Monday, March 2, 2009

Poem The Cat in the Hat

Copyright 1975 by Dr Seuss

The sun did not shine.
It was too wet to play.
So we sat in the house
All that cold, cold, wet day.

I sat there with Sally.
We sat there, we two.
And I said, "How I wish
We had something to do!"

Too wet to go out
And too cold to play ball.
So we sat in the house.
We did nothing at all.

Comparative Essays - The Little Glass Slipper’ by Perrault and ‘Cinderella’ by Dahl

The tale of Cinderella has been recognized around the world and the themes from the tale appear in the folklore of many cultures. Thus, many versions emerge based on the archetypal character of Cinderella where most of the versions always center around a benevolent, but persecuted heroine who happens to be the victim of her step-family after the death of her mother. Her father is either absent or neglectful, depending on the version. The heroine also has a magical guardian (fairy godmother) who helps her to defeat her persecutors and receive her fondest wish by the end of the tale. The same sort of clothing, usually a shoe or a glass slipper also shapes the story where at the end the heroine is recognized for her truth worth. What is an archetype? According to Bert.O States (1980: 334) archetype is best described as:

…a sort of quark in the structure of time whose existence we can only posit as being necessary to explain the phenomenon of unintentional recurrence. In fact, unlike the quark (which, as I write, we have just caught streaking boldly through matter), the archetype is not discrete at all but the ghost of a former form, endlessly migratory, infinitely tolerant of new content, ever fresh, ever archaic.

Comparative Literature - A Comparative Critical Essay

Comparative literature, the combined study of similar literary works written in different languages, which stresses the points of connection between literary products of two or more cultures, as distinct from the sometimes narrow and exclusive perspective of English Literature or similar approaches based on one national canon. Advocates of comparative literature maintain that there is, despite the obvious disadvantages, much to be gained from studying literary works in translation.

Wednesday, November 5, 2008

Poem ‘Talking to Myself’ By Kishwar Naheed (Personal Reviews)

Kishwar Naheed is one of the best known Urdu feminist poets of Pakistan. She was born in Bulandshahr, Uttar Pradesh, India in 1940. Her family moved to Lahore in Pakistan during the the sub-continent of 1947. Kishwar had witnessed violence (including rape and abduction of women) associated with partition. She has published six collections of poems between 1969 and 1990. All her texts are about to redefine the man and woman relationship in the context of female sexuality, politics and social issues.

The poem ‘Talking to Myself’ is about a feeling and dream of a woman who wants to be free. She has a desire to go beyond what the man and this world expected from a woman. In the poem, the persona gives pictures to the readers about pain, misery and oppression that she faced from a person called man. But the most important, this poem purposely gives a sarcastic expression of what tortured and oppressed woman’s feel towards a man. It is based on what the man have done to her. It also tells that the persona can do more than the man expects because she can fight against all bad things that happen to her before and this will give bad effect to the man’s pride.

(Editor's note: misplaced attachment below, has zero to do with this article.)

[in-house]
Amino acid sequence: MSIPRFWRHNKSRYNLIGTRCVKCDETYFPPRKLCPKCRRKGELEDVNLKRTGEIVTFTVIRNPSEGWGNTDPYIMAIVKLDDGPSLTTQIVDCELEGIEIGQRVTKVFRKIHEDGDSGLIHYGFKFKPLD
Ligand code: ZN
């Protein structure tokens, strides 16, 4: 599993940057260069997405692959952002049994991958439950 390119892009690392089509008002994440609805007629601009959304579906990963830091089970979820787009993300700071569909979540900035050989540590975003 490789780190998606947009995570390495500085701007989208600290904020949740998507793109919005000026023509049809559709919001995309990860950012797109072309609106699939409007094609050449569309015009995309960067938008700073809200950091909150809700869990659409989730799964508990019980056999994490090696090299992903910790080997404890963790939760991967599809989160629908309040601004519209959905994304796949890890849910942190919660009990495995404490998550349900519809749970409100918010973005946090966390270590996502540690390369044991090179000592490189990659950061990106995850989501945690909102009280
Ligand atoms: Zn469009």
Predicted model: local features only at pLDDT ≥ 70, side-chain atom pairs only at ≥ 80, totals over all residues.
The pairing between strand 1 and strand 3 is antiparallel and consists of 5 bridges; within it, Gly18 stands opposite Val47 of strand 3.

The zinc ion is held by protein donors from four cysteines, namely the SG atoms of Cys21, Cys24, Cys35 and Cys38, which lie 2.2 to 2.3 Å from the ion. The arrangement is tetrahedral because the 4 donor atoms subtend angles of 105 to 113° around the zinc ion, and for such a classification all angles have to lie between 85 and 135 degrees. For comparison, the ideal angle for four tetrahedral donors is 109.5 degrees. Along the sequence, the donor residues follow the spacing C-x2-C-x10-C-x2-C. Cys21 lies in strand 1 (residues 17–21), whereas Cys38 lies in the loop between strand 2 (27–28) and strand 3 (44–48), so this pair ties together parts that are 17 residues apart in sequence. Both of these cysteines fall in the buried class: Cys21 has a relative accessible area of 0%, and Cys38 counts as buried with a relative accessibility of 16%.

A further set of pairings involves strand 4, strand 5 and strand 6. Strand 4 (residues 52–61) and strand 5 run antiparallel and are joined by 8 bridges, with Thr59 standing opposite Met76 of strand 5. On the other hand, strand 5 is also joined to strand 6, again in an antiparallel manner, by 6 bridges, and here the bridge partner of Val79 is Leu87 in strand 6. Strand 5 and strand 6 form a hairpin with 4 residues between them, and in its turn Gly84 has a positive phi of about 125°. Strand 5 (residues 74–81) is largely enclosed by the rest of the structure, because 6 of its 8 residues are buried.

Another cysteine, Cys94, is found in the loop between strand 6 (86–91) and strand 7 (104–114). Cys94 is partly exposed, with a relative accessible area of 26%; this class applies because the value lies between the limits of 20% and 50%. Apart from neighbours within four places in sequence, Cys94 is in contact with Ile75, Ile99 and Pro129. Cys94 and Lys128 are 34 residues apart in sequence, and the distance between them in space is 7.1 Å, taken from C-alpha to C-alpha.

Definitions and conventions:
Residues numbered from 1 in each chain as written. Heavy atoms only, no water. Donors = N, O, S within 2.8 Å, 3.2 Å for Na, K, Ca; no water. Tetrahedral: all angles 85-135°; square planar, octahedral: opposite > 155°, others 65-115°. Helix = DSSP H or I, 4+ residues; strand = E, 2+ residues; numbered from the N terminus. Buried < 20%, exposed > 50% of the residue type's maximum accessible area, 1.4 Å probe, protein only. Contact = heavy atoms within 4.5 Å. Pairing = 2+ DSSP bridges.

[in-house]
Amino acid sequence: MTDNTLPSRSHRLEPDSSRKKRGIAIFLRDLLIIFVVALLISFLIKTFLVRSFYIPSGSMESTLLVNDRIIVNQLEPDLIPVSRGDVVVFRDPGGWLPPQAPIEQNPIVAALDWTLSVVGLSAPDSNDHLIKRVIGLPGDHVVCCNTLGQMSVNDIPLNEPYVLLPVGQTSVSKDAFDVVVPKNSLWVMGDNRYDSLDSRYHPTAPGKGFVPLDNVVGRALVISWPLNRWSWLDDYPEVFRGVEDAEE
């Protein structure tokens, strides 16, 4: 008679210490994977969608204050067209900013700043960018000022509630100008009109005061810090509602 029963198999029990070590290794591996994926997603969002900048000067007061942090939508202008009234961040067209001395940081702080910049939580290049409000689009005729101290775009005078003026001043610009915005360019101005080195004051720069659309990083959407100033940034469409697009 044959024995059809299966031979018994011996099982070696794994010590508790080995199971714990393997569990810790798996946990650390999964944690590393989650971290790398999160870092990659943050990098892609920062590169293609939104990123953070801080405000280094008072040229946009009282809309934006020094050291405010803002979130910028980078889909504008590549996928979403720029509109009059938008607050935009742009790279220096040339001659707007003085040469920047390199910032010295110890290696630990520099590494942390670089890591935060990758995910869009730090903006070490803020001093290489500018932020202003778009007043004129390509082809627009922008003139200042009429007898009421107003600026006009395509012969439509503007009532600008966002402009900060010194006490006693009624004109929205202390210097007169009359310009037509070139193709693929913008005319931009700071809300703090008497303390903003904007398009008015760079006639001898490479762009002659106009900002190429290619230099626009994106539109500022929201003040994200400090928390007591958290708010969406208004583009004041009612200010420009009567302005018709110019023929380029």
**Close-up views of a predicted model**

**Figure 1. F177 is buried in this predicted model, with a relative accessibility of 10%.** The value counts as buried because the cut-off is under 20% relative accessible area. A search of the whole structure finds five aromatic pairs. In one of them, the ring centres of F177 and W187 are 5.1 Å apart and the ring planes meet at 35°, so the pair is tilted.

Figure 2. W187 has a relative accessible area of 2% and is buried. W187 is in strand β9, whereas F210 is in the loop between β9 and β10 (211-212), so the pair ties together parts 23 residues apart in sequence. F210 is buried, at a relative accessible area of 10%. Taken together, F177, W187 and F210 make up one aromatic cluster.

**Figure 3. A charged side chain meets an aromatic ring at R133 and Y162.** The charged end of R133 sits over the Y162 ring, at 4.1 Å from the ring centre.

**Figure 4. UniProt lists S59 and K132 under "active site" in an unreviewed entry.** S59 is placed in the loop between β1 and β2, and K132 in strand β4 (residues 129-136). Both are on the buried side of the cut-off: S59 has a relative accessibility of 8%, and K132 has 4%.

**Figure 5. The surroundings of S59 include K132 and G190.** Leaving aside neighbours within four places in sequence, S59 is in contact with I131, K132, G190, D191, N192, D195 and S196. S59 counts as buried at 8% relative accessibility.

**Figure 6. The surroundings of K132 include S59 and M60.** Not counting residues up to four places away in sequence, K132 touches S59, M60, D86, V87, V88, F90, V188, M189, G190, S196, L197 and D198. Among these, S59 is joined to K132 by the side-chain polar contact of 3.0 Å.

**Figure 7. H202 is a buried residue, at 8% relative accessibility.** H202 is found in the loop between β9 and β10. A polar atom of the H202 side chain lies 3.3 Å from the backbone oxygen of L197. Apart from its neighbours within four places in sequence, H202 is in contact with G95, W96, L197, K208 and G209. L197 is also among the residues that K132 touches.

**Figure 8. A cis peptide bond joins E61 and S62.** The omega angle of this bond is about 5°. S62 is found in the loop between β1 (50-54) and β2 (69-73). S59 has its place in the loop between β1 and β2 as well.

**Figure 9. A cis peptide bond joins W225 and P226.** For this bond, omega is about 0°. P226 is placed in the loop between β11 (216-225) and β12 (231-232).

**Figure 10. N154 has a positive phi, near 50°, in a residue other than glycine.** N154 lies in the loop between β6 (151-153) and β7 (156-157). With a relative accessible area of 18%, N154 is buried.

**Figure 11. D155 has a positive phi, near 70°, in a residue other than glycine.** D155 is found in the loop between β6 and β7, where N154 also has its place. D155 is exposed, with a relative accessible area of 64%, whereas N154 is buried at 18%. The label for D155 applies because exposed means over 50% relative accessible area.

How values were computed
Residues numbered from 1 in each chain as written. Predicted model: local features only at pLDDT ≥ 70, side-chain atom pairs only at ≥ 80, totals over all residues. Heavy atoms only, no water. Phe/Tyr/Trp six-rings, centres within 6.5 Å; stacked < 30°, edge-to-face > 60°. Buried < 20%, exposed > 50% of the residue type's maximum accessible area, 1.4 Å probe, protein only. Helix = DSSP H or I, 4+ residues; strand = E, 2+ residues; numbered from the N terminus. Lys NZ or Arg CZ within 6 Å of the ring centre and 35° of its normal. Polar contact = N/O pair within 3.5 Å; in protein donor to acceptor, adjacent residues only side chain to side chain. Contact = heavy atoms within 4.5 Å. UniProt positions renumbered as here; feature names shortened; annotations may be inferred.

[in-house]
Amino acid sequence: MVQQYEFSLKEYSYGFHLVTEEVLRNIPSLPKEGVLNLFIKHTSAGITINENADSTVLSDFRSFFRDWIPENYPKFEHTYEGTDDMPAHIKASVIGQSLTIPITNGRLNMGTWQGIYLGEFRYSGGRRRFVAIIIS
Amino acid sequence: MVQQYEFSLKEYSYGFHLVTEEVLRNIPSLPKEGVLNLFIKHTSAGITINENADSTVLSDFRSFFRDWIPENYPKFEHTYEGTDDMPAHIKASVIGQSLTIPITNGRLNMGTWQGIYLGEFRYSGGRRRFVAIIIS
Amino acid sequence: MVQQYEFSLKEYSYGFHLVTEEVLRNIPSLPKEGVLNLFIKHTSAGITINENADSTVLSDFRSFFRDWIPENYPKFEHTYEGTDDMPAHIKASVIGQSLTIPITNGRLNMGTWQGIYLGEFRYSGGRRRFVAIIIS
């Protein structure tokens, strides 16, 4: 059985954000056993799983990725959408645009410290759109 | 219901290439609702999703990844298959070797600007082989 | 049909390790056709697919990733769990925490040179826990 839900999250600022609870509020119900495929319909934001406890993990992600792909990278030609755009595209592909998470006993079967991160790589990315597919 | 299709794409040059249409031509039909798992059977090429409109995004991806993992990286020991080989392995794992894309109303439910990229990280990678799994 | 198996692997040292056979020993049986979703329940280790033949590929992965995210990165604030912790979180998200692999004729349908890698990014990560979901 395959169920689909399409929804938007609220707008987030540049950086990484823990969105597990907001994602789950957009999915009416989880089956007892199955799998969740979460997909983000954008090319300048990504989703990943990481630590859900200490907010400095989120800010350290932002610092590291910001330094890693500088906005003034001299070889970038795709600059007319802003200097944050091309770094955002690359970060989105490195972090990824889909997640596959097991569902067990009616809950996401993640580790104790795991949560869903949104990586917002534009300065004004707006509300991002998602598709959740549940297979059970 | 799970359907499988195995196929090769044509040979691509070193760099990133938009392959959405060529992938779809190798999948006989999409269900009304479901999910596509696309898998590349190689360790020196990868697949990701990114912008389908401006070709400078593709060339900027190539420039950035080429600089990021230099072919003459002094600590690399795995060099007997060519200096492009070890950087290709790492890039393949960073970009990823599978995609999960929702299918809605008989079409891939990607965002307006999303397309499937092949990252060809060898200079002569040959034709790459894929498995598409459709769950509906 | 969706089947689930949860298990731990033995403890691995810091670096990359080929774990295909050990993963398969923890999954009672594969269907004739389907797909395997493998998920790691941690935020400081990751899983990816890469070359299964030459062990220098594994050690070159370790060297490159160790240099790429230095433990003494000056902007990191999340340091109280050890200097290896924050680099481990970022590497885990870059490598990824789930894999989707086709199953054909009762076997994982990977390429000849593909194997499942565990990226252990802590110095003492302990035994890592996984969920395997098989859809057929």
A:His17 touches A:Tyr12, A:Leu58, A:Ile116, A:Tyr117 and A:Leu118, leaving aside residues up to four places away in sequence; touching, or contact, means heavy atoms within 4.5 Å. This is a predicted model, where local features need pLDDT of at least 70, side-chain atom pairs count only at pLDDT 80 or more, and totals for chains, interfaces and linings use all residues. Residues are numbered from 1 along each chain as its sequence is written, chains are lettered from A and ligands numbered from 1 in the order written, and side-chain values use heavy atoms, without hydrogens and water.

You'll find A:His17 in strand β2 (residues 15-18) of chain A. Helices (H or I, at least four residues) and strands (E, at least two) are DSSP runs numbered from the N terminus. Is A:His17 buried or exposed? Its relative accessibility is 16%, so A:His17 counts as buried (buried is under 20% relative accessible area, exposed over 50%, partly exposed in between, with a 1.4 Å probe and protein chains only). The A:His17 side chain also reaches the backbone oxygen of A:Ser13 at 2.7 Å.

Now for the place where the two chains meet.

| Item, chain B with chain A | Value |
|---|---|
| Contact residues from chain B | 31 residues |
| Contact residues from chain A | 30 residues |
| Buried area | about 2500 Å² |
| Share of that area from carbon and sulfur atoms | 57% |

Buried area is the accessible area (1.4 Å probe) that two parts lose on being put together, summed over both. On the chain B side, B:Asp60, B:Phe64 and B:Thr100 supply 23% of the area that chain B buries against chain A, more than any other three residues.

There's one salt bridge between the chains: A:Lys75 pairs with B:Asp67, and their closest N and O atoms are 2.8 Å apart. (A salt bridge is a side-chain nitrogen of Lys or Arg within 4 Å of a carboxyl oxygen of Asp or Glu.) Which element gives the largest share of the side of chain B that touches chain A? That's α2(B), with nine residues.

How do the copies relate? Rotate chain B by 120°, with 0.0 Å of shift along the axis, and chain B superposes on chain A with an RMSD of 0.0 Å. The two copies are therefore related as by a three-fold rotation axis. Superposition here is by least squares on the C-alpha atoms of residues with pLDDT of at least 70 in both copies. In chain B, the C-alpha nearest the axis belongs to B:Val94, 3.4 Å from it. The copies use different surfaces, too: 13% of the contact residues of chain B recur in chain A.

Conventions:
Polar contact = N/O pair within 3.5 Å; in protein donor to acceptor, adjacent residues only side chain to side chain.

Poem "My Mother" By Mahmoud Darwish (Personal Reviews)

“My Mother”, another powerful and meaningful poem from Mahmoud Darwish. He was considered to be the most important contemporary Arab poet working today. He was born in 1942 in the village of Barweh in the Galilee, which was razed to the ground by the Israelis in 1948. As a result of his politi-cal activism he faced house arrest and imprisonment. Darwish was the editor of Ittihad Newspaper before leaving in 1971 to study for a year in the USSR. His poems are known throughout the Arab world, and several of them have been put to music. His poetry has gained great sophistication over the years, and has enjoyed international fame for a long time. He has published around 30 poetry and prose collections, which have been translated into 35 languages. He is the editor in chief and founder of the prestigious literary review Al Karmel, which has resumed publication in January 1997 out of the Sakakini Centre offices. He published in 1998 the poetry collection: Sareer el Ghariba (Bed of the Stranger), his first collection of love poems. In 2000 he published Jidariyya (Mural) a book consisting of one poem about his near death experience in 1997.

Monday, November 3, 2008

Katherine Mansfield Biography (1888 - 1923)

New Zealand's most famous writer, who was closely associated with D.H. Lawrence and something of a rival of Virginia Woolf. Mansfield's creative years were burdened with loneliness, illness, jealousy, alienation - all this reflected in her work with the bitter depiction of marital and family relationships of her middle-class characters. Her short stories are also notable for their use of stream of consciousness. Like the Russian writer Anton Chekhov, Mansfield depicted trivial events and subtle changes in human behavior.

"Henry was a great fellow for books. He did not read many nor did he possess above half a dozen. He looked at all in the Charing Cross Road during lunch-time and at any odd time in London; the quantity with which he was on nodding terms was amazing. By his clean neat handling of them and by his nice choice of phrase when discussing them with one or another bookseller you would have thought that he had taken his pap with a tome propped before his nurse's bosom. But you would have been wrong." (from 'Something Childish But Very Natural')

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